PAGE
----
Martin Luther King, Jr. (9)

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      Martin Hay reviews «Klandestine» by Pate McMichael on the Martin Luther King Jr. assassination.    
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  Martin Hay reviews the merits and shortcomings of William Pepper's most recent book on the Martin Luther King Jr. case in light of his long career and previous contributions.      
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  Jim DiEugenio reviews John Avery Emison’s The Martin Luther King Congressional Cover-Up, which presents valuable information on the case, though its title is somewhat misleading.    
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Jim DiEugenio looks at Jerry Ray's book and deems it an improvement over his brother John's similar effort, Truth at Last.
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Hancock and Wexler's belief that Ray took up a bounty being offered on Dr. King's life is simply not supported by any credible evidence. They provide no proof that he at any point heard about such an offer and, in their endless speculation aimed at doing so, try to place him in a bar that did not open until six months after they claimed he was there, writes Martin Hay.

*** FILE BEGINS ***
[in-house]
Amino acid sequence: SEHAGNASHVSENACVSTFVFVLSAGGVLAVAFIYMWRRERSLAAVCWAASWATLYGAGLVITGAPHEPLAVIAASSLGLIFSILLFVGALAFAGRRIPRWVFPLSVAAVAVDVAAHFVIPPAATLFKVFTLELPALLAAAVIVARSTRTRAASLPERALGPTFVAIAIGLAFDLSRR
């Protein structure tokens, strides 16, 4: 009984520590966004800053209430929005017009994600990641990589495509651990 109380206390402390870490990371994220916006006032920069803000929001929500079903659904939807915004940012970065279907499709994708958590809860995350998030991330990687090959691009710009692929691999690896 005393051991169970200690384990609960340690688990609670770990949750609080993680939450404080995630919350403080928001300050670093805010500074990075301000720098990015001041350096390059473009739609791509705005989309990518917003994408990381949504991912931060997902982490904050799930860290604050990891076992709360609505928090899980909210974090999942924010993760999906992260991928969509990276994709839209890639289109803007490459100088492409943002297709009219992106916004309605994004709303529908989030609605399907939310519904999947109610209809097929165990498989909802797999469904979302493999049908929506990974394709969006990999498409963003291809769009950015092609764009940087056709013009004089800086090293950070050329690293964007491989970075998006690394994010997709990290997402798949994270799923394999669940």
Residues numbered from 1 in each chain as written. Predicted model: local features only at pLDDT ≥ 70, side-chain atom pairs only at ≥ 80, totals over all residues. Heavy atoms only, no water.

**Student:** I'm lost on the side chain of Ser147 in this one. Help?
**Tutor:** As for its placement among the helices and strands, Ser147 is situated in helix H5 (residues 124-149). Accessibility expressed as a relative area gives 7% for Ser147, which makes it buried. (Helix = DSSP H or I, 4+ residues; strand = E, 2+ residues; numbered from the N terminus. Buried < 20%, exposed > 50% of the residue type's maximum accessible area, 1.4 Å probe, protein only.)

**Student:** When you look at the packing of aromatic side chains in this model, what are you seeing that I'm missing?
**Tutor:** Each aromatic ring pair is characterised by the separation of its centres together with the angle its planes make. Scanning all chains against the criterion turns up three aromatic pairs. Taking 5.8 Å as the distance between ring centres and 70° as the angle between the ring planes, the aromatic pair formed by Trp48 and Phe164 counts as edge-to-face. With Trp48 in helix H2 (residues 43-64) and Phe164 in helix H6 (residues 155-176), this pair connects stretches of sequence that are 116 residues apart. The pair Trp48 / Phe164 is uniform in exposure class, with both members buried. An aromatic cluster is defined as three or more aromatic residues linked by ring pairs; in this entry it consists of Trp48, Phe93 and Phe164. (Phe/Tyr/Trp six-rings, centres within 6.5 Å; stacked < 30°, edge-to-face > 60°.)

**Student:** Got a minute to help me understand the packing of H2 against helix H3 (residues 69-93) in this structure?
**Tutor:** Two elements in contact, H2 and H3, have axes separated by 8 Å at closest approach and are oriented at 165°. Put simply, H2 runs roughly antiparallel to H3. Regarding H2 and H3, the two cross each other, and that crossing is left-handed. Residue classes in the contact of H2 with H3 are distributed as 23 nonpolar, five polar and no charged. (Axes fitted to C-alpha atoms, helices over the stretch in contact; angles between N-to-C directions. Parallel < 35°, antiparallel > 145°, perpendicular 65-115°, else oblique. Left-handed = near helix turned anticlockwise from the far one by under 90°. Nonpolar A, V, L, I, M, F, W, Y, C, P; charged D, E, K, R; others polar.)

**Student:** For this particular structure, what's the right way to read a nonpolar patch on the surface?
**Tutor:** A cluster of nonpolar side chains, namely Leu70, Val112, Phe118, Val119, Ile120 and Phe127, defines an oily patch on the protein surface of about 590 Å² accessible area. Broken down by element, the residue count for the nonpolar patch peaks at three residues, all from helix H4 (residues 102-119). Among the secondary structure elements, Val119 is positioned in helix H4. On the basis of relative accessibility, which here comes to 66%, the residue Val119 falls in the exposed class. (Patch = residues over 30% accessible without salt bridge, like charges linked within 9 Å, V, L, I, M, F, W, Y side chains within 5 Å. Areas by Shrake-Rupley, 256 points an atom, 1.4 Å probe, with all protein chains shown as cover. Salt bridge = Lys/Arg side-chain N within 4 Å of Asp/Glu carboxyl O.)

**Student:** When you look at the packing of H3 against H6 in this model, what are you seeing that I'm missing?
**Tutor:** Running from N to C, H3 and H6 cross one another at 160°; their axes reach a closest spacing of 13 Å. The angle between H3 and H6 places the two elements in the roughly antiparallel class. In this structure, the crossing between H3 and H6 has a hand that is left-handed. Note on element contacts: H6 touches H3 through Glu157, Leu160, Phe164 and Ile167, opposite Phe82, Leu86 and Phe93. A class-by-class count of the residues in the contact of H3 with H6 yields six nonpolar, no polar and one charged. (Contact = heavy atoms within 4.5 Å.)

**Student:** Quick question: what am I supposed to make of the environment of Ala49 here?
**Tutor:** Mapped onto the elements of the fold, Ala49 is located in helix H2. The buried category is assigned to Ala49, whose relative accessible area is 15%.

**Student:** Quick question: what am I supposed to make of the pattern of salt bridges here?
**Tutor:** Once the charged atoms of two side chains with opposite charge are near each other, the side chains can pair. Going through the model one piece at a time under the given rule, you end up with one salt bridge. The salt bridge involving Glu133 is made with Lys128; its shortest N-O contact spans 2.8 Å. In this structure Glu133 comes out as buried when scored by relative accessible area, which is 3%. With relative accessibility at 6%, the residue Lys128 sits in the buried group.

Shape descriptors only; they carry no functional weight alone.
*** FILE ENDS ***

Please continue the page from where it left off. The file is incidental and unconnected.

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If we are to be serious about historical revisionism, we need to have explanations built on the best facts available. If we ignore basic facts and instead present the facts as we would prefer, we are creating a work of fiction – which this book resembles a great deal, writes Joseph Green.
Wednesday, 21 April 2010 13:30

The 13th Juror

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This is a valuable book to have. Between its covers it proves by a preponderance of the evidence – and maybe more than that – how Ray was set up, and then how King was actually killed. It also shows why the media avoided the trial, and why Ray was not allowed to have his criminal case reopened, writes Jim DiEugenio.
Monday, 01 September 2008 18:59

John Larry Ray & Lyndon Barsten, Truth at Last

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In a book like this, a lot of the credibility must come from the reader's trust in the author(s). Unfortunately, that is not forthcoming here, writes Jim DiEugenio.
Sunday, 04 January 2004 13:26

He's Baaack! The Return of Gerald Posner

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Killing the Dream, Posner's book on the Martin Luther King assassination,  is pretty much drawn from the same mold as Case Closed, writes Jim DiEugenio.

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